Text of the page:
Jan 28, 2017
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Now Healthy, Laurence Shahlaei Eyes Third Britain's Strongest Man Title
Jan 19, 2017
“In Strongman there are no victors, just survivors.”
Later this month, Laurence Shahlaei will attempt to join Eddie Hall and Geoff Capes in the illustrious group of three-time Britian’s Strongest Man winners. It would be the pinnacle of what is an already-outstanding resume. And as the reigning European champion, it’s easy to see why the big man from Swindon, England, will be going into the January 28 competition in Doncaster as one of the big favorites to win.
When he's fully fit and injury-free, there isn’t a man on earth who can keep up with Shahlaei on the yoke or farmers events. All the phenomenal talent that Shahlaei possesses, though, just makes the injuries that have pockmarked his career even sadder.
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His first injury on the big stage was as far back as his debut at Britain’s Strongest Man (BSM) in 2008, when he battled his way through the qualifiers and into the final only to suffer a torn bicep on the tire flip. After being forced to withdraw due to the injury, Shahlaei was back at BSM three years later and determined to make up for lost time, which he did in style by narrowly missing out on the podium and finishing an impressive fourth. Unfortunately, just as Shahlaei was finding his feet in the competition, BSM took a three-year hiatus. In 2009, the competition was partially replaced by England’s Strongest Man. But the change in name did little to stop the juggernaut that is Shahlaei from excelling, and it didn't stop him from taking his first major title win and becoming England’s Strongest Man.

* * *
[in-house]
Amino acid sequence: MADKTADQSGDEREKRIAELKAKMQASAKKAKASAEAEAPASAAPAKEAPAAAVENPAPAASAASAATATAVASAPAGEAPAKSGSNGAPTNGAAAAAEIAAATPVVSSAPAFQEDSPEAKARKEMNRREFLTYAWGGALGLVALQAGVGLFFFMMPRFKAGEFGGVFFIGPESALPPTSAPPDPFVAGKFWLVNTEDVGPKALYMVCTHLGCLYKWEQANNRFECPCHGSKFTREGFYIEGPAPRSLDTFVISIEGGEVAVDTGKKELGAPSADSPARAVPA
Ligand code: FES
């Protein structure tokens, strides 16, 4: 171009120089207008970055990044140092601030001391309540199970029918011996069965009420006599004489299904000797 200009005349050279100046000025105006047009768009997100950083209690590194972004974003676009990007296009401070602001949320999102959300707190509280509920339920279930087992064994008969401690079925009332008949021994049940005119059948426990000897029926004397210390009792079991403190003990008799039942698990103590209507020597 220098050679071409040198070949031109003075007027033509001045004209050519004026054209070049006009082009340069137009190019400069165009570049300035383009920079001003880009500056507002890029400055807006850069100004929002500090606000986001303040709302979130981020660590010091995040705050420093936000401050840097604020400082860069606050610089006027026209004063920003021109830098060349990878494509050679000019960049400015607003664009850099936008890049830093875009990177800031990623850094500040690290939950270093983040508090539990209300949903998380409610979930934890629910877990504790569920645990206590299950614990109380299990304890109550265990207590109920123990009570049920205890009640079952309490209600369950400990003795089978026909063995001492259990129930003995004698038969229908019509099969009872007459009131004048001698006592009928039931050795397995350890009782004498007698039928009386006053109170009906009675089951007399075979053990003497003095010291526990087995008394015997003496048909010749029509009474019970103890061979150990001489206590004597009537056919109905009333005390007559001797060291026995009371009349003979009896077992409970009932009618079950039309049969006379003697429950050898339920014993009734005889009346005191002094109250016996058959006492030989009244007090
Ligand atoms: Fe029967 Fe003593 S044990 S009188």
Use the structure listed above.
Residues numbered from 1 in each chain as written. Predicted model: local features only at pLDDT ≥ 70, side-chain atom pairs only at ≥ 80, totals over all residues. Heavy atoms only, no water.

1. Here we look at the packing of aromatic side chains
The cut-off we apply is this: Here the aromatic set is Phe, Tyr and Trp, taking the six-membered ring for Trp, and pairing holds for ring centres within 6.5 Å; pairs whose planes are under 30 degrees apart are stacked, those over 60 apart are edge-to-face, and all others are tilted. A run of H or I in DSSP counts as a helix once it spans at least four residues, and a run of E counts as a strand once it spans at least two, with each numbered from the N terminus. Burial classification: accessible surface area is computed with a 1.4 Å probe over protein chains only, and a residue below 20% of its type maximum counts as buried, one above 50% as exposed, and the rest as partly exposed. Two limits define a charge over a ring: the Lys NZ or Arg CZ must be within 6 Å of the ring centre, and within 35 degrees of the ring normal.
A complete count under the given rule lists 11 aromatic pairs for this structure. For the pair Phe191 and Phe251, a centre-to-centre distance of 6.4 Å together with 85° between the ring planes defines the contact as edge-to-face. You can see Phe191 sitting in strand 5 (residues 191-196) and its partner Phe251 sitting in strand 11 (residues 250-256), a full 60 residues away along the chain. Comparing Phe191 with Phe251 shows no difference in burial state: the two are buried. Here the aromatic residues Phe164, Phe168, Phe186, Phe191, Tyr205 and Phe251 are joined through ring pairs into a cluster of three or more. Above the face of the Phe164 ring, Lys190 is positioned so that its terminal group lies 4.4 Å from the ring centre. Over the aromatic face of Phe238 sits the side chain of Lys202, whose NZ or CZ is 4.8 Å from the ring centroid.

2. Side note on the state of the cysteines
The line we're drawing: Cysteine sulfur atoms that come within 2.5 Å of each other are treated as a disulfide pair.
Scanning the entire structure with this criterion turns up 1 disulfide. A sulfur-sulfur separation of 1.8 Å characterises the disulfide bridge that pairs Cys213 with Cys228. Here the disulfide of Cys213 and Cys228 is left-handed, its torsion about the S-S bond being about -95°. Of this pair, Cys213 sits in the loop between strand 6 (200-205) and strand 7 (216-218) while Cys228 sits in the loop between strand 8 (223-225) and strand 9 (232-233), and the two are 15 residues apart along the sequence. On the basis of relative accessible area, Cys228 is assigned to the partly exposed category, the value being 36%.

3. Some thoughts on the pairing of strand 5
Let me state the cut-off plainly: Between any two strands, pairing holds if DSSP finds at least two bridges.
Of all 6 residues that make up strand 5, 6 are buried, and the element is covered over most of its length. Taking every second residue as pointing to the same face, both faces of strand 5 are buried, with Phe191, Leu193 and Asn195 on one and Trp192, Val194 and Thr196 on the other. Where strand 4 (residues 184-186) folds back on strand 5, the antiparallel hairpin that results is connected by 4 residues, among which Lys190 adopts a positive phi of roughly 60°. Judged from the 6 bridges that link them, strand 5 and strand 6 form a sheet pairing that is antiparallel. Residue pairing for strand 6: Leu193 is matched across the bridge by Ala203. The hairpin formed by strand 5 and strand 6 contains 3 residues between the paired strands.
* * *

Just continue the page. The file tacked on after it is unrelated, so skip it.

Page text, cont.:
But a competition like BSM could never disappear for long, and by 2012, the prestigious event was back—along with a world-class lineup. Although he faced tough competition throughout, Shahlaei stormed to victory, beating the formidable Terry Hollands in the process. Eager to show he was more than a one-hit wonder, Shahlaei defended his title like a man possessed in 2013, again claiming victory over legends of British strongman Terry Hollands and Mark Felix.
Victory at Britain's has eluded Shahlaei since that day in Doncaster four years ago, including a near miss last year. Shahlaei finished third overall in 2016, only half a point behind Felix and within 10 points of winner Hall, but it wasn’t enough for him. A year later, and Big Loz is confident that he’s made the improvements needed to once again become Britain’s Strongest Man.
Video and article by Chris Bland